Consuming three burgers a week appears to increase a child's risk of asthma and wheeze, reveals a large international study published in the journal Thorax. Conversely, a Mediterranean diet, rich in fruit, vegetables, and fish seems to stave off the risk, the researchers add.
The findings are based on data collected between 1995 and 2005 on 50,000 children between the ages of 8 and 12 from 20 rich and poor countries around the world. Their parents were asked about their children's normal diet and whether they had ever been diagnosed with asthma and/or have had wheeze.
Just under 30,000 of the children were tested for allergic reactions, to see if diet also influenced their chances of developing allergies. Diet did not seem to be associated with becoming sensitized to common allergens, such as grass and tree pollen. But it did seem to influence the prevalence of asthma and wheeze.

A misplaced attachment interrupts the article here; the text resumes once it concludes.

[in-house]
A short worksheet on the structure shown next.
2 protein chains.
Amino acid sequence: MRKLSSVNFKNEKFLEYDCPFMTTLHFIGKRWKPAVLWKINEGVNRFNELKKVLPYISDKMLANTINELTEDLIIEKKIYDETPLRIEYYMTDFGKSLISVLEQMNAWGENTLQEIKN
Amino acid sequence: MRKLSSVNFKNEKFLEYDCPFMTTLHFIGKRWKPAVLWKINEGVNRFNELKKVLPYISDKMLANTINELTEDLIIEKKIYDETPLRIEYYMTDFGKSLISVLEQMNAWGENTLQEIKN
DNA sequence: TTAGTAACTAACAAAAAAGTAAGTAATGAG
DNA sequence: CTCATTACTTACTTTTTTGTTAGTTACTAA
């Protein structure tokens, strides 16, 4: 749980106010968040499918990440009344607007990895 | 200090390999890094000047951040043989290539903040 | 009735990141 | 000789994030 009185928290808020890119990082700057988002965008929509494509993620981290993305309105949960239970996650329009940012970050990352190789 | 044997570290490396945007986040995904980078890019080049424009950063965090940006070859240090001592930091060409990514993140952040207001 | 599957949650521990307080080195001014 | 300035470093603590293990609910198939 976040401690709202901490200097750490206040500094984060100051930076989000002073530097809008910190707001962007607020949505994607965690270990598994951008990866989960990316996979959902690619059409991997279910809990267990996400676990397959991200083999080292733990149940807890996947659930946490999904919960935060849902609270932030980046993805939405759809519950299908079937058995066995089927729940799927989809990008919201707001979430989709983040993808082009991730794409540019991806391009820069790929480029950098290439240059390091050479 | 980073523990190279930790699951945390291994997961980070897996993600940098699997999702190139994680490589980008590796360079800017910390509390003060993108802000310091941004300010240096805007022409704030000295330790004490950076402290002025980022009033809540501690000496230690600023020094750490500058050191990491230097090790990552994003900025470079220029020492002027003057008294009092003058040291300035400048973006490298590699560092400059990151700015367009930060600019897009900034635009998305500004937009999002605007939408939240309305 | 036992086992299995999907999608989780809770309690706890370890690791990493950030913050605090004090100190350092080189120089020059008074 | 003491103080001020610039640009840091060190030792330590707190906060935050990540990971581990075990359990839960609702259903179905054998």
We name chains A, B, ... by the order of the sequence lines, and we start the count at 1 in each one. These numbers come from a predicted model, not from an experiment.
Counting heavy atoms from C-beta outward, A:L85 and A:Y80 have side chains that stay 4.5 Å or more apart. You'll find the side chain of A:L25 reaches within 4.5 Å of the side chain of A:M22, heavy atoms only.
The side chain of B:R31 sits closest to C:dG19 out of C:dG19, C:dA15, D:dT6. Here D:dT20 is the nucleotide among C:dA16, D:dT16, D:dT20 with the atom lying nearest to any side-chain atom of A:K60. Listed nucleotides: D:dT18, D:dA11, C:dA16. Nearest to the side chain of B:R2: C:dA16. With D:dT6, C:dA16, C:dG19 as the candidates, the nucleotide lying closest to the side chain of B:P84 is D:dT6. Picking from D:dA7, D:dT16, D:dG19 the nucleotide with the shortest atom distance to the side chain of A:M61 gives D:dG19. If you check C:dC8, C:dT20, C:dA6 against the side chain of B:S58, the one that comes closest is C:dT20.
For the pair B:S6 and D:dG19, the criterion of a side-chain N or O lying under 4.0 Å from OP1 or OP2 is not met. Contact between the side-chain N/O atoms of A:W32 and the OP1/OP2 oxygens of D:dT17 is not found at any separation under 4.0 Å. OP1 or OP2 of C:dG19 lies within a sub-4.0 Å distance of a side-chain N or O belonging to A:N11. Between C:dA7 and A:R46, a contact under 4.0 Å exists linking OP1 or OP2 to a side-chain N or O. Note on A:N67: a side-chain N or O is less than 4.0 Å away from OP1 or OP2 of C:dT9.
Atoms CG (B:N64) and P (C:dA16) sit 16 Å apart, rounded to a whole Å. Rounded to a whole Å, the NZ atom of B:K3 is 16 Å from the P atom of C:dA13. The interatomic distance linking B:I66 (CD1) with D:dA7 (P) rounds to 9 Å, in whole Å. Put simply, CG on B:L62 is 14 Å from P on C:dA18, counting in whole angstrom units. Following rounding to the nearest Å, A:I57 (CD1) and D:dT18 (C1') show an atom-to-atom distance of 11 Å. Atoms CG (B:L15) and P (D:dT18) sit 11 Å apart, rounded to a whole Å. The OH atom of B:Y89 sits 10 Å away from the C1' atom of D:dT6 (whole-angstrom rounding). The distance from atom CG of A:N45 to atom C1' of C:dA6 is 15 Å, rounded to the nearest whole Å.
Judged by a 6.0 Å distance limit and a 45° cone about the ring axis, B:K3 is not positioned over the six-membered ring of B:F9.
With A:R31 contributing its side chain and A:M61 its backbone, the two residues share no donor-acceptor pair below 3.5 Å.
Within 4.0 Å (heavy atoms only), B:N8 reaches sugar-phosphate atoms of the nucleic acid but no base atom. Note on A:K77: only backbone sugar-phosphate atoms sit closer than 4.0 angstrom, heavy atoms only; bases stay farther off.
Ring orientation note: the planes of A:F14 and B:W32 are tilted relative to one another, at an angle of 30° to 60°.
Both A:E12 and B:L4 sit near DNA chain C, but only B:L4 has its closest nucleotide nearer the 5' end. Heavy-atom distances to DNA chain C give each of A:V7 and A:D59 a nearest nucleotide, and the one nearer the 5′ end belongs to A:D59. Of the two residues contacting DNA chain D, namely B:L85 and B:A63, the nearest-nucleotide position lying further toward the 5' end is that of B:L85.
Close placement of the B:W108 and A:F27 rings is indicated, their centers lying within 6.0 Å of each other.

High fruit intake was associated with a low rate of wheeze among children from rich and poor countries. Similarly, a diet high in fish protected children in rich countries, while a diet rich in and cooked green vegetables protected children against wheeze in poor countries.
Overall, a Mediterranean diet, high in fruit, vegetables, and fish was associated with a lower lifetime prevalence of asthma and wheeze. But eating three or more burgers a week was associated with a higher lifetime prevalence of asthma and wheeze, particularly among children with no allergies in rich countries. A heavy meat diet, however, had no bearing on the prevalence of asthma or wheeze.
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Source: British Medical Journal